Robt. Leamon
        Chairman

December 15th. 1846

Your Committee met again this Day, and a Communication having been received from Mr. Middleton - they are now able to inform the Board that the same Land can now be had at the Rate of £150 per Acre agreeable to his former Offer of the 11th. May 1840 - and your Committee strongly recommend that a Contract be entered into with Mr. Middleton for the same.

Robt. Leamon

Resolved and ordered that a sufficient Number be printed of the foregoing Report for transmission to the Guardians of this Union and that a special Meeting thereof be summoned for the Purpose of taking the said Report into Consideration, this Day three Weeks.

5 Jan 1847

A special Meeting of the Guardians being convened this Day for the Purpose of taking into Consideration certain Resolutions presented to the Board on the 15 Decr. last, of a Committee appointed in February last to report their Opinion as to the Erection of a new Workhouse for the Union -

            Upon the Motion of Mr. Leamon
            Seconded by the Revd. E.T. Yates
That the Resolution so reported be now received

            It was resolved upon an Amendment proposed by the Right Honorable the Earl of Orford <Charles William Marsham, unelected ex-Officio member>
            Seconded by Robert Marsham Esqre. <unelected ex-Officio member>
That a further Consideration of the said Resolution be postponed for six Months.

            For the Amendment 23
            For the original motion 17

19 Jan 1847

A Letter is read from the P.L.C. enquiring the Grounds upon which the Guardians resolved to postpone for six Months the further Consideration of the Report of the Committee appointed to consider the Propriety of erecting a new Workhouse for the Union.

26 Jan 1847

Resolved that a Committee be appointed to examine all the Cases of Persons at present in Buxton and Oulton Workhouses with Authority to discharge from either of those Houses as many Persons as will reduce the Inmates in each House to the proper Number which the Houses are calculated to accommodate and to grant relief to such Persons as shall be so discharged for such Time and to such amount as such Committee shall consider requisite.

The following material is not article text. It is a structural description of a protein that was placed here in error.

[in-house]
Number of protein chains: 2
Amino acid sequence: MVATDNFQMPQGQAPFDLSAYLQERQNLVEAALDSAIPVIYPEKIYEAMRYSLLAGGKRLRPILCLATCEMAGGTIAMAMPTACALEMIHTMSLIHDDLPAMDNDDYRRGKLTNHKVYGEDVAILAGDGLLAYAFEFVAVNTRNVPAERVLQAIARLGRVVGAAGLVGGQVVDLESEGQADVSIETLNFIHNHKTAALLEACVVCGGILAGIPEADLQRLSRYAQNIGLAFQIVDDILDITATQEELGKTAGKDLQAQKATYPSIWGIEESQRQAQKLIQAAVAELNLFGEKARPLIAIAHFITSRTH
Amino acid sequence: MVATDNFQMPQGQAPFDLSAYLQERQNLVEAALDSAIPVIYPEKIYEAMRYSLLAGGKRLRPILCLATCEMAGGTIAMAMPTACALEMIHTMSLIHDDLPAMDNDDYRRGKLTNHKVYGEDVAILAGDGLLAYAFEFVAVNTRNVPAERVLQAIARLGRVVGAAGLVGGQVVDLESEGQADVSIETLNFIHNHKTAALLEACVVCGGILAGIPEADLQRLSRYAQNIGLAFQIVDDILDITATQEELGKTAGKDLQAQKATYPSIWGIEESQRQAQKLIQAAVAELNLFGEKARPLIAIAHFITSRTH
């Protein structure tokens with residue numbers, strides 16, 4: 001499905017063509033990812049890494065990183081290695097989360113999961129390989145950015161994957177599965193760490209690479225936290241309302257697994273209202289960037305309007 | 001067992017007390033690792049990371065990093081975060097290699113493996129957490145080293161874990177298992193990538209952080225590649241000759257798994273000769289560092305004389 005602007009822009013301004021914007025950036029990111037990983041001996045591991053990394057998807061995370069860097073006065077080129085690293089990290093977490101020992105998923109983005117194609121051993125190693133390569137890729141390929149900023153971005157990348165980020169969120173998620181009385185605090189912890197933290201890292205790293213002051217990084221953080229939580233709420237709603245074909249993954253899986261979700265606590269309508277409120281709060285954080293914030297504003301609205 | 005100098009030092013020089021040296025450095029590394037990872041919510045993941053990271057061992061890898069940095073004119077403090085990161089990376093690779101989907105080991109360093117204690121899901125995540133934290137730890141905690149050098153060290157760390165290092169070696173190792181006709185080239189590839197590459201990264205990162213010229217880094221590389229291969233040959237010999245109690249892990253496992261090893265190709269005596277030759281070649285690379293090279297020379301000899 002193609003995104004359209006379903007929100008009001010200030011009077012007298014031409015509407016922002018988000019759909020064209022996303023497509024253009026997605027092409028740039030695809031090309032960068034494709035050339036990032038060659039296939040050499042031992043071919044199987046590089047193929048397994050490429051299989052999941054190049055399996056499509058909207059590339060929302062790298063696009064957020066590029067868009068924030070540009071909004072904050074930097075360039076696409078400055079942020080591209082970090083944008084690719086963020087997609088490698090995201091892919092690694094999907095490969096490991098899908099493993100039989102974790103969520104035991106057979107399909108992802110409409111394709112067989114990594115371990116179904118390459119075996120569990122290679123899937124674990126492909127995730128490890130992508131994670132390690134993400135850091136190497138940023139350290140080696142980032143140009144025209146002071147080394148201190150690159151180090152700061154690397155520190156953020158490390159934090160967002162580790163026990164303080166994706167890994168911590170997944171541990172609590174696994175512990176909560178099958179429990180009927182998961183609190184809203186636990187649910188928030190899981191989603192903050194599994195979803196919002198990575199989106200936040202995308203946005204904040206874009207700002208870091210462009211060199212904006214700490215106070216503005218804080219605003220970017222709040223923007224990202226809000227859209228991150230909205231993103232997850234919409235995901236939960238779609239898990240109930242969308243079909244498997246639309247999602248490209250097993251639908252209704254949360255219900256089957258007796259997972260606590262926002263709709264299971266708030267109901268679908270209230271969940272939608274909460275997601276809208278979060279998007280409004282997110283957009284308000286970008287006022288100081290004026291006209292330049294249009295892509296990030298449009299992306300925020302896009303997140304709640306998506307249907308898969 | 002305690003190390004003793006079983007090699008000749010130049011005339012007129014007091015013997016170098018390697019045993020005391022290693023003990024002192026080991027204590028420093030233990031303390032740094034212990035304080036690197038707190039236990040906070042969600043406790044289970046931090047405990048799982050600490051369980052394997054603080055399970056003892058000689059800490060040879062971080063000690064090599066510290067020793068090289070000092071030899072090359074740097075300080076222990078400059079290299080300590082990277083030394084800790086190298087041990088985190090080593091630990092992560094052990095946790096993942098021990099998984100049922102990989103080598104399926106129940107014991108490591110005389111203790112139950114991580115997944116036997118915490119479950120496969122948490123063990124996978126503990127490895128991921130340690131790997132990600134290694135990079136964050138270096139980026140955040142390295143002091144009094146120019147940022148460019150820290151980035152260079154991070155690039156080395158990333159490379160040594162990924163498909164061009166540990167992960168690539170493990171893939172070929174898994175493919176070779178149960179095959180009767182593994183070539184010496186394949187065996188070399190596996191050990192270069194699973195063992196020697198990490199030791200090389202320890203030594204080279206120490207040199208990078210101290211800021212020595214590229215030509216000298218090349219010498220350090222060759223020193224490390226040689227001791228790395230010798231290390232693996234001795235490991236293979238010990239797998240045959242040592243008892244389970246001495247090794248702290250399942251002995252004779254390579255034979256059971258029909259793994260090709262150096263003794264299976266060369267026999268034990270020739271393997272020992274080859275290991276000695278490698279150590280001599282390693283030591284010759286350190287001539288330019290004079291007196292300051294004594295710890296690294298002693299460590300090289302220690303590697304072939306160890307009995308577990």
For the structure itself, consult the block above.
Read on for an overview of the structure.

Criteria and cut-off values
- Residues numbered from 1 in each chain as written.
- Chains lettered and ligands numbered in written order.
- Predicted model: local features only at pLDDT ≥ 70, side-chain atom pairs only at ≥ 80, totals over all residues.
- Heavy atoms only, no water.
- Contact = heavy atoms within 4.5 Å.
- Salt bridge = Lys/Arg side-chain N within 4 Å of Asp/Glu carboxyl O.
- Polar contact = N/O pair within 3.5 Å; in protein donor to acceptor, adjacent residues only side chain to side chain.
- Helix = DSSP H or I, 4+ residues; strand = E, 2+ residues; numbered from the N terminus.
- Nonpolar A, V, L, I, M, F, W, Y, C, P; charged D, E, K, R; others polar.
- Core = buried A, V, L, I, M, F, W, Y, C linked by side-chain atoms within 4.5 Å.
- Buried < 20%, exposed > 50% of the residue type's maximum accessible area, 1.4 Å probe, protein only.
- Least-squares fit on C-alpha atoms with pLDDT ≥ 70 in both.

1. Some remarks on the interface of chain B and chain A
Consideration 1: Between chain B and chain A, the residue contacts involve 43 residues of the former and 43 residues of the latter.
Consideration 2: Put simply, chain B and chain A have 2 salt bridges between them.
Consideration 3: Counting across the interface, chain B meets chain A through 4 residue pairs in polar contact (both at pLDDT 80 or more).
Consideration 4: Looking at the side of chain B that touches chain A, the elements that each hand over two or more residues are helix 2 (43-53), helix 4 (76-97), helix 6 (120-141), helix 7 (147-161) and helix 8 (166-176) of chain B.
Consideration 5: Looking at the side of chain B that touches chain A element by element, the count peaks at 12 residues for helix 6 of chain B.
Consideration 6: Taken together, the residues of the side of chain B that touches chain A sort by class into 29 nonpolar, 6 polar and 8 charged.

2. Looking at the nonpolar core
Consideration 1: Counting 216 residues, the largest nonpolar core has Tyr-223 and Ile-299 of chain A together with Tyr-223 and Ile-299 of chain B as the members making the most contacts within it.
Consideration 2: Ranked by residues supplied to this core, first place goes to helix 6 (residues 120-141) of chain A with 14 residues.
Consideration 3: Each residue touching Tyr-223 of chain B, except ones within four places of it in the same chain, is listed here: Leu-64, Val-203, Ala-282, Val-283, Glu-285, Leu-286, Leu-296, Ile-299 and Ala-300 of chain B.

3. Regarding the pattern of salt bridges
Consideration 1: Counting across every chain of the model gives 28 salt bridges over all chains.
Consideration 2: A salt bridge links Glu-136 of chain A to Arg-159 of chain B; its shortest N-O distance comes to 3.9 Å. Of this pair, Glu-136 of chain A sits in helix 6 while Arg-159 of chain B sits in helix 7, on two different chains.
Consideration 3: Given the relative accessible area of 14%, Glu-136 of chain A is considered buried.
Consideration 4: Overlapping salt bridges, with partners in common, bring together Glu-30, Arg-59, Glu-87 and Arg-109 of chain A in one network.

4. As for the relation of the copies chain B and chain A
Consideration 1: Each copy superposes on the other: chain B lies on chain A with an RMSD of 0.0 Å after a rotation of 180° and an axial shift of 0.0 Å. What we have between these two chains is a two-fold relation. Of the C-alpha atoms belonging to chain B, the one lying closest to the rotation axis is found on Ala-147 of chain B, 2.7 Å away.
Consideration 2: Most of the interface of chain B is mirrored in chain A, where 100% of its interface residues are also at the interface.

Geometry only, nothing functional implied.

This Board having considered what Reply should be made to the Enquiry read to the Board last Week from the Poor Law Commissioners as to the Grounds upon which the Guardians resolved on the 5th instant to postpone for 6 months the further Consideration of the Report of the Committee appointed to consider the Propriety of erecting a new Workhouse for the Union:

Resolved that in Reply to such Enquiry the Poor Law Commissioners be informed the Resolution for such postponement was come to for the purpose of enabling the Guardians before determining to build a new Workhouse to see what Measures should be introduced in the ensuing Session of Parliament with a view to an Alteration of the Settlement Law or in the Boundaries of the Poor Law Unions.

23 Feb 1847

A Letter is read from Mr. Mann the Medical Officer of Buxton Workhouse reporting to the Board that there were 315 Inmates therein with 3 Cases of Fever of severe Nature with others of slighter Kind in the Infirmaries.

A Letter is read from the Poor Law Commissioners accompanied by an Order under their Hands and Seal (dated the 17th. February 1847) authorising the ex-officio or other Guardians to give their Consent in writing to the purchase of Land and to the Erection of a Workhouse and to the borrowing of a Sum or Sums of Money for that Purpose otherwise than at a Meeting of the Board of Guardians, at the same Time strongly urging the Guardians to rescind their Resolution pf postponement, with the view of erecting a new Workhouse as early as possible.

9 Mar 1847

This Day a special Meeting of the Guardians was held for the Purpose of taking into consideration a Suggestion of the Poor Law Commissioners for rescinding a Resolution of the Guardians on the 5th. of January last to postpone for six Months a further Consideration of the Subject of erecting a new Workhouse:

            Upon the Motion of the Revd. E.T. Yates
            Seconded by Mr. Leamon
That the Form of Consent transmitted by the P.L.C. for the Signatures of the Guardians for borrowing a Sum of Money for the Purpose of erecting a new Workhouse be properly filled up and circulated amongst the Guardians for their Signatures and for which Purpose it be referred to the Building Committee to take the necessary Steps therein with a view to the Erection of a new Workhouse capable of accommodating 600 Inmates.

            It is moved by way of an Amendment by Mr. Cross
            Seconded by Mr. Bleakley